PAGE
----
What I like most about this graph is that 10% of our collaboration sessions were with more than 50 people.
teaches allows you to code.
Koding is not a teaching platform like Coursera or Udacity. By providing easy access to VMs, and by promising things like: “Development on Koding is easy” and “You don’t need to install anything” we inadvertently opened the floodgates for people who had never seen a terminal in their lives. When that happened, we tried to help them as much as we could, but this was a major distraction to us. They confused Koding for a code teaching platform, but it was only meant to be easy access to a well configured computer. We created Koding Package Manager (KPM) and countless docs to make it easier for them - how to install wordpress, drupal, angular, or react - but in reality, Koding is meant for developers and not meant for absolute beginners.
3- Koding is not Slack, but we totally integrate!
When we started, most people used Skype or Hangouts and we didn’t have many integration opportunities. So we made our own communication platform within Koding. Fast forward to 2016, Slack replaced most of the communication tools and became the one. We use Slack at Koding. They have amazing integration capabilities so we decided that we integrate with others and focus on doing what we do best: development environment automation. Just like we let you choose your cloud provider, now we let you choose your communication provider.
4- Koding is not a Free Hosting Service
Oh boy, this was the worst part. Behind the scenes a large percentage of Koding’s engineering resources was spent detecting fraudulent activity, like bitcoin mining, minecraft servers, DDOS attacks on other people’s servers, password sniffing, and sometimes downright illegal activities (phishing and credit card fraud). These people were using stolen identities to automate registrations for free VMs. Like that’s not enough, we had two people on the team constantly monitoring the activity feed to make sure everything was ok. This is why we do not provide free VMs anymore. Just bring your cloud credentials, (AWS offers 12 months free!)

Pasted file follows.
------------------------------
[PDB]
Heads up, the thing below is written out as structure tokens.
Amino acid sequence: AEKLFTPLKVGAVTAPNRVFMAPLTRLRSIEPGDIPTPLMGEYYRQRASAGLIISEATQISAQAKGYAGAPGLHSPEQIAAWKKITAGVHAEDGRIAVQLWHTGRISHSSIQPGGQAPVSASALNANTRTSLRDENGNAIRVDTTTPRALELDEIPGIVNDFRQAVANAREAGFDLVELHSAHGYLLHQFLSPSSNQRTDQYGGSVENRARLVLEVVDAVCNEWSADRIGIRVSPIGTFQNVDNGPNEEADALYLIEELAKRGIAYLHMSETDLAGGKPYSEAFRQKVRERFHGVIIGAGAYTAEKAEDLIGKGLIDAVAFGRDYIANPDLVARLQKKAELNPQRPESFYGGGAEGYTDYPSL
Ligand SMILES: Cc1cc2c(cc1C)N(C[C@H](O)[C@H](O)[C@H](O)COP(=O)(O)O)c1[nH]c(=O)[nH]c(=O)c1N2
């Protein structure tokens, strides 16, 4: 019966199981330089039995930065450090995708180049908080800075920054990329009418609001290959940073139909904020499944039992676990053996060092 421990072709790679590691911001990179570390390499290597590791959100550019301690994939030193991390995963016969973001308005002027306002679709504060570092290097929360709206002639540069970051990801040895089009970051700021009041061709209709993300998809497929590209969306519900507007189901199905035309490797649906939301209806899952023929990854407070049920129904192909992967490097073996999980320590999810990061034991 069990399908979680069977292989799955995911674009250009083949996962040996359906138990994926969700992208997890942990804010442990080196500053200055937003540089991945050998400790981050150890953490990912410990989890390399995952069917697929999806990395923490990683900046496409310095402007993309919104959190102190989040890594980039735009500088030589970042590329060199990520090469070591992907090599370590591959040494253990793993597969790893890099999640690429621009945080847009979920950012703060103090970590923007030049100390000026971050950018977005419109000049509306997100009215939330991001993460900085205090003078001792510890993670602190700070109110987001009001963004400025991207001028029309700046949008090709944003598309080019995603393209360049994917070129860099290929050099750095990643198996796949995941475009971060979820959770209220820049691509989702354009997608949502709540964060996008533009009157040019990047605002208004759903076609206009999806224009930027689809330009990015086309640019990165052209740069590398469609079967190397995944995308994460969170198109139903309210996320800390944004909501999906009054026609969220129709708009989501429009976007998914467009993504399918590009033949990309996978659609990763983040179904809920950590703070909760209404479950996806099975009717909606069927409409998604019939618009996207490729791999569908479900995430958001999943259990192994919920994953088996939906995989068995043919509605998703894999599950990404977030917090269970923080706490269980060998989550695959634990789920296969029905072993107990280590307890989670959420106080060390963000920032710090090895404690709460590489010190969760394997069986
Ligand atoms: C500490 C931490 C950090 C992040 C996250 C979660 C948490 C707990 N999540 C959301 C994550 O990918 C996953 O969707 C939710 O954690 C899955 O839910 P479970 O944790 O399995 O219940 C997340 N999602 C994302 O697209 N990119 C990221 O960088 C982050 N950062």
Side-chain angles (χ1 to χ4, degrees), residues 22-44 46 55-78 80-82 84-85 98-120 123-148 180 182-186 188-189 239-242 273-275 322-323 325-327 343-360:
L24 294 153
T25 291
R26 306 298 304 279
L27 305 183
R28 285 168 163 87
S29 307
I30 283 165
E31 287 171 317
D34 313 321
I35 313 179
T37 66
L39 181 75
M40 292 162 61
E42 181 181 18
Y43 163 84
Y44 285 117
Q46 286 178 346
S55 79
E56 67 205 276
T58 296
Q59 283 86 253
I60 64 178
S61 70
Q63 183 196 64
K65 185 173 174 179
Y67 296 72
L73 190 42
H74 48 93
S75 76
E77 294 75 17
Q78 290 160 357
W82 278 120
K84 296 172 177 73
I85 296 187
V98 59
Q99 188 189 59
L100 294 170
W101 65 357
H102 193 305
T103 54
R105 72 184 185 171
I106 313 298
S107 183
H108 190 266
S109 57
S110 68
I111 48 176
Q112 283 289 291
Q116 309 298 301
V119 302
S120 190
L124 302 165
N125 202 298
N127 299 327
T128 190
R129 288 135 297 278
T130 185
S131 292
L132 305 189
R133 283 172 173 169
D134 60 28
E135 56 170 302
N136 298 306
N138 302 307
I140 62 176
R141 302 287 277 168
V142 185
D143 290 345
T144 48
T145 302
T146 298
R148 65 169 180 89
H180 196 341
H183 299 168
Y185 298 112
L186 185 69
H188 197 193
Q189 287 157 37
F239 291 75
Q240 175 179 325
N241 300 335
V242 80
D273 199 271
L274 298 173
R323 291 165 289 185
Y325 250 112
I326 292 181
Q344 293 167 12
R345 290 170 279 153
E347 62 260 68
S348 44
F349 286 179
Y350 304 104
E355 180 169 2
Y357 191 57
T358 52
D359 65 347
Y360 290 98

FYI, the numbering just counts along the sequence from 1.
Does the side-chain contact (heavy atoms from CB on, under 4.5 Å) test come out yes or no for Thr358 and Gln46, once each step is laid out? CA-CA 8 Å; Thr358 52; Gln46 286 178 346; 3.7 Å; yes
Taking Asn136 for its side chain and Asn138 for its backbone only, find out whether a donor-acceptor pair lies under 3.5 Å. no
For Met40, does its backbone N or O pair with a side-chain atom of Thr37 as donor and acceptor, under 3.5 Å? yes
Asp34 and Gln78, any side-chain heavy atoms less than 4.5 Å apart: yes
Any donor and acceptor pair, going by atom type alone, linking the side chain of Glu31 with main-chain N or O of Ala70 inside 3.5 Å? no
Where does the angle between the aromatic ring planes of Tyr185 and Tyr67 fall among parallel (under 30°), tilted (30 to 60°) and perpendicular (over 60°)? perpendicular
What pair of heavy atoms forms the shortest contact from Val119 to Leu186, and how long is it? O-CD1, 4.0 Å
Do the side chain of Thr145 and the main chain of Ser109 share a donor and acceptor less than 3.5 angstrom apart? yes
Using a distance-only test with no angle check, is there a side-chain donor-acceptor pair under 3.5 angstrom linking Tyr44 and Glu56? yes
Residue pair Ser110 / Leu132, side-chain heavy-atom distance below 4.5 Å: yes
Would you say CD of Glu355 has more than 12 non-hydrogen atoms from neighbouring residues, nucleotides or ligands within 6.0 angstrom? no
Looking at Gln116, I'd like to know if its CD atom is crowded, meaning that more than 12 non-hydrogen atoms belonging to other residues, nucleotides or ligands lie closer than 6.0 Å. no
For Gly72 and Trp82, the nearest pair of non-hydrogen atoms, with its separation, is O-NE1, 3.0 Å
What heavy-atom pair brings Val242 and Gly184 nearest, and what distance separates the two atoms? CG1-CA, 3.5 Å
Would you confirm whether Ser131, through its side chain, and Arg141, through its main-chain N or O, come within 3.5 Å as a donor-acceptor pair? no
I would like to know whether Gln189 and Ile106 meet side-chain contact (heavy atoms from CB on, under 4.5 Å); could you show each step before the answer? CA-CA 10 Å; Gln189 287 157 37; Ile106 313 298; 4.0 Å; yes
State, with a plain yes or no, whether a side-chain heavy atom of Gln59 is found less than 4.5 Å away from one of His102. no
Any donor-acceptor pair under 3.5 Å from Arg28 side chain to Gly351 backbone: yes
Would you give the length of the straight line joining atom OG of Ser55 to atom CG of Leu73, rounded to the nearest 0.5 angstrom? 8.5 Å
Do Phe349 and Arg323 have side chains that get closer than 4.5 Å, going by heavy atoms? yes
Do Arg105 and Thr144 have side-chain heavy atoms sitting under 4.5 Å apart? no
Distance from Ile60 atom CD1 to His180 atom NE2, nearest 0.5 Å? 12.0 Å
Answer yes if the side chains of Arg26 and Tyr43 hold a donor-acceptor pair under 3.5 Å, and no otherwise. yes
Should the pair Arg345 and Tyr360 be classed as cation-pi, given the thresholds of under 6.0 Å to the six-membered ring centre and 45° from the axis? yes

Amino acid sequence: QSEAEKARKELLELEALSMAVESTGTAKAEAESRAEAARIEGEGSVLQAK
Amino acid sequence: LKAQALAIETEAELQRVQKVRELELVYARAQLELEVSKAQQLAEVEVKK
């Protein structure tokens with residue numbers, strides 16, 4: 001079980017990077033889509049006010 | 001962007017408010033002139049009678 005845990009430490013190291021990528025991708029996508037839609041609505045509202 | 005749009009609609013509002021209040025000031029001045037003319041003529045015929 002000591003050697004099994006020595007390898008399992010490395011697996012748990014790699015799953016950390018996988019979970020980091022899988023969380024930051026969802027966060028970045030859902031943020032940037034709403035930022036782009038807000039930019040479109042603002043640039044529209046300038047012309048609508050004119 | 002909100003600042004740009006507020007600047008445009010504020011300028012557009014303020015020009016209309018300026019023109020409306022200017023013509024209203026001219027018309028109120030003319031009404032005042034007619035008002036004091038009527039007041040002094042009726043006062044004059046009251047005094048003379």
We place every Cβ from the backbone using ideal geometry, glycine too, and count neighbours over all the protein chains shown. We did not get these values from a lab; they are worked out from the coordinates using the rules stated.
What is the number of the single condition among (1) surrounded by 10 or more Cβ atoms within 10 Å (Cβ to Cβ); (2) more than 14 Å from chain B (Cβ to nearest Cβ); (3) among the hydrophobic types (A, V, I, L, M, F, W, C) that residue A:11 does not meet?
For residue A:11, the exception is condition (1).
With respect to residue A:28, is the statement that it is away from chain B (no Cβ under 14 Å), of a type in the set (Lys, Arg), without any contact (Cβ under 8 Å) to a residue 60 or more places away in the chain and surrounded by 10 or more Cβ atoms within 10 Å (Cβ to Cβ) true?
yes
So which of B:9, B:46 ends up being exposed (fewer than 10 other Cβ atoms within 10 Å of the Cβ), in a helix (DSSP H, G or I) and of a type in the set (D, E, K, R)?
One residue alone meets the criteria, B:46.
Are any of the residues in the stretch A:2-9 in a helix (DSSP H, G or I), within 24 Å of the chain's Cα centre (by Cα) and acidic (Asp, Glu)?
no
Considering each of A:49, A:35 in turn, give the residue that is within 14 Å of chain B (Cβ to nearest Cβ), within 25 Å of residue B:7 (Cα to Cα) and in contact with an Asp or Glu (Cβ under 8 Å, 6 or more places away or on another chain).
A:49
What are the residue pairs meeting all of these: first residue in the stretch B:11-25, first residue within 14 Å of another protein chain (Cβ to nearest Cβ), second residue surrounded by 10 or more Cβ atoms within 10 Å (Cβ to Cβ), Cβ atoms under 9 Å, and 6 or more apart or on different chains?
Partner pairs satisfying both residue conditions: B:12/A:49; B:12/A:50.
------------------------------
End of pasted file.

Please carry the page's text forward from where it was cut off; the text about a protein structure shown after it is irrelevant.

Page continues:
Receiving hundreds of these everyday is not the funnest part of our lives.
Introducing new Koding, it’s amazing and free for teams up to 4 people!
It’s exactly like we say: “Flawlessly configured dev environments in one click.” You write the stack script, and your entire dev environment is configured for your team and everyone that joins your team. Share your cloud credentials with the team, or use your own localhost. We enjoy using it and hope you will too. We are no longer offering single developer accounts, registration for our solo product has closed. If you have an account and you’re actively using it, meaning you log in at least once per week, you can keep your VM and work on it as usual. If you paid for an account, you will experience no changes. Koding is free for teams up to 4 people, so go sign up and have fun. We mean it, seeing all those servers auto-provision in real time is a lot of fun!
:> Code on!
Devrim & Team Koding